CookieOptions object (which contains some other parameters describing the “context” in which the cookie is being set, such as whether it’s being accessed in a same-site or cross-site context).
If everything checks out, the
CookieMonster proceeds with setting the cookie. If an equivalent cookie is present in the store, then it may be deleted. Equivalent is defined as sharing a name, domain, and path, based on the invariant specified by the RFC that no two such cookies may exist at a given time.
CookieMonster stores its
CanonicalCookies in a multimap keyed on the registrable domain (eTLD+1) of the cookie's domain attribute.
The cookie may also be persisted to disk by a
CookieMonster::PersistentCookieStore depending on factors like whether the cookie is a persistent cookie (has an expiration date), whether session cookies should also be persisted (e.g. if the browser is set to restore the previous browsing session), and whether the profile should have persistent storage (e.g. yes for normal profiles, but not for Incognito profiles). The
SQLitePersistentCookieStore is the main implementation of
CookieMonster::PersistentCookieStore. It stores cookies in a SQLite database on disk, at a filepath specified by the user's profile.
After the cookie has been stored (or rejected), the
CookieMonster calls back to the
URLRequestHttpJob with the outcome of the storage attempt. The
URLRequestHttpJob stashes away the outcomes and stores them in the
URLRequest after all
Set-Cookie headers in the response are processed, so that interested parties (e.g. DevTools) can subsequently be notified of cookie activity.
URLRequestHttpJob, which queries the
CookieStorefor cookies to include with the request.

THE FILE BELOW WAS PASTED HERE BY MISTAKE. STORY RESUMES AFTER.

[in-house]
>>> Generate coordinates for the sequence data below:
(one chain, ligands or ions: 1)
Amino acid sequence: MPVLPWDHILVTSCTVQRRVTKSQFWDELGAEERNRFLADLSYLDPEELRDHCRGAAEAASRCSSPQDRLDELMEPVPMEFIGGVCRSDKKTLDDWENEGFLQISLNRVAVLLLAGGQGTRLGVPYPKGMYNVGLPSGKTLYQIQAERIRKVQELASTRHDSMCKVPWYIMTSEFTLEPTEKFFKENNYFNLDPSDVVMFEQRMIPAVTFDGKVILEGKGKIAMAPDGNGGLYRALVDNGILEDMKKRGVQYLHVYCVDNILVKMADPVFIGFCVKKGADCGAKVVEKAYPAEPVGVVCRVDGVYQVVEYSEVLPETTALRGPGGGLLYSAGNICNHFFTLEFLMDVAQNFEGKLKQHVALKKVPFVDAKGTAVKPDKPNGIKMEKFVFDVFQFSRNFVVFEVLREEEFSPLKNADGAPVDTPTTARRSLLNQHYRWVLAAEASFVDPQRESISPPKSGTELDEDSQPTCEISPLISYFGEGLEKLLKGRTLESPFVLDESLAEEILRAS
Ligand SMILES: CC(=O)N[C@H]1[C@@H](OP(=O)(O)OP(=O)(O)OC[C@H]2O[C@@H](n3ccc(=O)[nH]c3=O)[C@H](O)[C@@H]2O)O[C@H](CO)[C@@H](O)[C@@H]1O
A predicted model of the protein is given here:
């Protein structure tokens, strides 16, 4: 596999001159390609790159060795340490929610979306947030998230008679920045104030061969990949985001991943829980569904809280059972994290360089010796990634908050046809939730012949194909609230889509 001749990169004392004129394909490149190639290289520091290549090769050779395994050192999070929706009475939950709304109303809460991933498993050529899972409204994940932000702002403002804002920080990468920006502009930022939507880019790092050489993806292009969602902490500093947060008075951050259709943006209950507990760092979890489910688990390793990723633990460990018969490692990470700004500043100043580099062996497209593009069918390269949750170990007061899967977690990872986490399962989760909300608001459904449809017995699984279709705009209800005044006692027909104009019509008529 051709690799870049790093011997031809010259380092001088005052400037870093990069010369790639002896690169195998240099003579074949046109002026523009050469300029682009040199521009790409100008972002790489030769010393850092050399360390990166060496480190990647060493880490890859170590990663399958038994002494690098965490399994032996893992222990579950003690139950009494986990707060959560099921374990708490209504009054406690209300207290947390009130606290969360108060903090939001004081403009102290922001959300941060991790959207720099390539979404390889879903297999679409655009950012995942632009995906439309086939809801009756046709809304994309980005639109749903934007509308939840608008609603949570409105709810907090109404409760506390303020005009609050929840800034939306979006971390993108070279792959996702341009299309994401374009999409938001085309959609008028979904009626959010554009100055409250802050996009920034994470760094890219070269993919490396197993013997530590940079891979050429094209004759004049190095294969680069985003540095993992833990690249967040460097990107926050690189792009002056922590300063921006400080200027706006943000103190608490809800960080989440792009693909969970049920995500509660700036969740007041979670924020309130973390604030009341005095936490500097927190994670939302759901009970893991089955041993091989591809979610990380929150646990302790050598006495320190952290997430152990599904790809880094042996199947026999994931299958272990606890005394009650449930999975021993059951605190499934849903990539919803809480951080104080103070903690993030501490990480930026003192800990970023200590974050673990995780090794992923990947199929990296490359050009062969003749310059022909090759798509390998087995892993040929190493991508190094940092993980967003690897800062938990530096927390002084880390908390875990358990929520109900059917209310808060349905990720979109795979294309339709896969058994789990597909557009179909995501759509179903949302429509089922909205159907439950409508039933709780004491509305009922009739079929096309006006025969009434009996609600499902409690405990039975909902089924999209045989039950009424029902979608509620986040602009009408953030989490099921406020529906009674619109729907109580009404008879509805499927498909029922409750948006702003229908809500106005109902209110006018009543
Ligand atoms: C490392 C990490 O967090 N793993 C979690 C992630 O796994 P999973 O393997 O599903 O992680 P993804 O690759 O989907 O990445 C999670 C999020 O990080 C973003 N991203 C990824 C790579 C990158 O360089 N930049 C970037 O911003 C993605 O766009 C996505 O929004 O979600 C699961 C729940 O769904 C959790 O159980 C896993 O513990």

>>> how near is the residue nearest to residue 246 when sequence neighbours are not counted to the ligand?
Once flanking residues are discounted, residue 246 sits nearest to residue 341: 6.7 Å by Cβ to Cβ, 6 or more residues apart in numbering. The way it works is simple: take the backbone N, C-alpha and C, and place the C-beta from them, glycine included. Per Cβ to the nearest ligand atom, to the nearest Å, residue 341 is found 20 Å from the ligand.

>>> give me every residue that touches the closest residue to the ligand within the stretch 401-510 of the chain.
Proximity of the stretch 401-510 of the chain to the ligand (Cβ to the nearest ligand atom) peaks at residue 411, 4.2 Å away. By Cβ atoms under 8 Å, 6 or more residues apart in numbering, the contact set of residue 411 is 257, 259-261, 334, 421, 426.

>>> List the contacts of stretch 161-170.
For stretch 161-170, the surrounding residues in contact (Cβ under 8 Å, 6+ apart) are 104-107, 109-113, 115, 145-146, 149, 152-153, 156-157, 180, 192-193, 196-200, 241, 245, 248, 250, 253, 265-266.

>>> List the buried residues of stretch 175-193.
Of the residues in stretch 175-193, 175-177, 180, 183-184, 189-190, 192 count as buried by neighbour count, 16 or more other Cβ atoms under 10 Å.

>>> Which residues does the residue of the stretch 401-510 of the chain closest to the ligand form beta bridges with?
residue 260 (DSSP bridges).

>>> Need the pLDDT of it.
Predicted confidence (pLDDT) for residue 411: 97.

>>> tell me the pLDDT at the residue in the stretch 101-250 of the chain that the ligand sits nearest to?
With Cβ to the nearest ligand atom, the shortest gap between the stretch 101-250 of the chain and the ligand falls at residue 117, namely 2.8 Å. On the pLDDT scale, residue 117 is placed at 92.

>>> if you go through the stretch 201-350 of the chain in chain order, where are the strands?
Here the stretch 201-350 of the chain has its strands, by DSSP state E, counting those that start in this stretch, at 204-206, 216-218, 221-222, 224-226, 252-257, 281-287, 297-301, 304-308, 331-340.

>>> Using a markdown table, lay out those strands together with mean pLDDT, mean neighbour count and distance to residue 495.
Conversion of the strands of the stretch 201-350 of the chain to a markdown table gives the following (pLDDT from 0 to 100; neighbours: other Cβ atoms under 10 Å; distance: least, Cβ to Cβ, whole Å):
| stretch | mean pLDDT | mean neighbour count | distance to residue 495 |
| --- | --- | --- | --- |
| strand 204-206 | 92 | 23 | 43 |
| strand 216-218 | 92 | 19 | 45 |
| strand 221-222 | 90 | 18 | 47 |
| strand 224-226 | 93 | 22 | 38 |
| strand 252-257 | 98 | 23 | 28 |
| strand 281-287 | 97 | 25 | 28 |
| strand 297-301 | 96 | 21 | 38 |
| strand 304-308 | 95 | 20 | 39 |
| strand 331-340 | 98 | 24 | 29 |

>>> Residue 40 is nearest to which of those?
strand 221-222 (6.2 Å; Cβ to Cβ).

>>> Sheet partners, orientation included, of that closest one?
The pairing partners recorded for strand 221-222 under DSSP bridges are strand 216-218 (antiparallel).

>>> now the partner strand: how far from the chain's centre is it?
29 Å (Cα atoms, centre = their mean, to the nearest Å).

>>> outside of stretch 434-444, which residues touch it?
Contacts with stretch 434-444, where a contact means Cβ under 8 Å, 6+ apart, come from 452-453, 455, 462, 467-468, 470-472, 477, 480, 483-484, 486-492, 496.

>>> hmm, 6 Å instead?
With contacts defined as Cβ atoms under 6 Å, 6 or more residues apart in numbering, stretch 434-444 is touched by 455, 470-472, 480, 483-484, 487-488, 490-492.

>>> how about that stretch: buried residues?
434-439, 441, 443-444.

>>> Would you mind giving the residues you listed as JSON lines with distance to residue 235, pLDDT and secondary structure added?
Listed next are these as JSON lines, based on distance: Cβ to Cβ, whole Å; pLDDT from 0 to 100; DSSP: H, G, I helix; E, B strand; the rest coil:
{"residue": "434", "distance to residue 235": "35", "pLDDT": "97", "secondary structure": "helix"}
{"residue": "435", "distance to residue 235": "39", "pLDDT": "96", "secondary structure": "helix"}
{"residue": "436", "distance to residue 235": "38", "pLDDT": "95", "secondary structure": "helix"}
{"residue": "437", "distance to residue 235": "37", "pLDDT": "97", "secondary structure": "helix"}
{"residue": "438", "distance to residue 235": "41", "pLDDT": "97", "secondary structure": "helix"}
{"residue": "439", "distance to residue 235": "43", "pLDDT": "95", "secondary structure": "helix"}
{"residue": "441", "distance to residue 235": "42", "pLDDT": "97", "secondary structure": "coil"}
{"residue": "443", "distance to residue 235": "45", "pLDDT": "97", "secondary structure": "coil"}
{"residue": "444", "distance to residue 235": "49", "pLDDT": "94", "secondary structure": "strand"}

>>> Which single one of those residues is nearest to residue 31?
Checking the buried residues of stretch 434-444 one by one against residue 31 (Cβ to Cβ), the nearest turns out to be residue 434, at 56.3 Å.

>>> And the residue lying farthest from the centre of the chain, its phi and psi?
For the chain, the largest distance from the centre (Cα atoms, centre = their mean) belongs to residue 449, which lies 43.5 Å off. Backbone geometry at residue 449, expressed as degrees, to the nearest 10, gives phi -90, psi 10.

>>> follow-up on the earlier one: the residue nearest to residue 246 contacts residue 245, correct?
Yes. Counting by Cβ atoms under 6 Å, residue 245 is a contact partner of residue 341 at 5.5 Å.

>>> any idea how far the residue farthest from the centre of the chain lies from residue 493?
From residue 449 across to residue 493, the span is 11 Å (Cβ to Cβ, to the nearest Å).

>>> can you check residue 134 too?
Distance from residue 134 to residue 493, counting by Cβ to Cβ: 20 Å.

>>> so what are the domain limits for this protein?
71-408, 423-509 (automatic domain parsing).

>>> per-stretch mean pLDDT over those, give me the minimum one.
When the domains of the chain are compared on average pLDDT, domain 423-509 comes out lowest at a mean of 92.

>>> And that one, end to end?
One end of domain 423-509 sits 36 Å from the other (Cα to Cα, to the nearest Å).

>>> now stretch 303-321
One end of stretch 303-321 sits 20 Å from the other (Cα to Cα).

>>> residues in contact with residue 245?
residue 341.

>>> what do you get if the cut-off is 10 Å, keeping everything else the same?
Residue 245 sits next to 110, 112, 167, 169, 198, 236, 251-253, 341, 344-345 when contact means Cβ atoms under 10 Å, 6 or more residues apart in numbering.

CookieStoreevaluates each of its candidate cookies for whether it can be included in the request, and reports back to the
URLRequestHttpJobwith included and excluded cookies.
URLRequestHttpJobserializes the included cookies into a
Cookierequest header and attaches it to the outgoing request.
Some time later, a (credentialed) request to the same eTLD+1 triggers a cookie access in order to retrieve the relevant cookies to include in the outgoing
Cookie request header. The request makes its way to the net stack and causes a
URLRequestHttpJob to be created. (See Life of a
URLRequest for more details.) Upon being started, the
URLRequestHttpJob asks the
CookieStore to retrieve the correct cookies for the URL being requested.
CookieMonster queues a task to retrieve the cookies. Most of the time this runs immediately, except if the contents of the
PersistentCookieStore are still being loaded from disk. The
CookieMonster examines each of the cookies it has stored for that URL‘s registrable domain and decides whether it should be included or excluded for that request based on the requested URL and the
CookieOptions, by computing a
CookieInclusionStatus. Criteria for inclusion are described in RFC 6265bis and include: the URL matching the cookie’s
Path attributes, the URL being secure if the cookie has the
Secure attribute, the request context (i.e.
CookieOptions) being same-site if the cookie is subject to
SameSite enforcement, etc. If any of the requirements are not met, a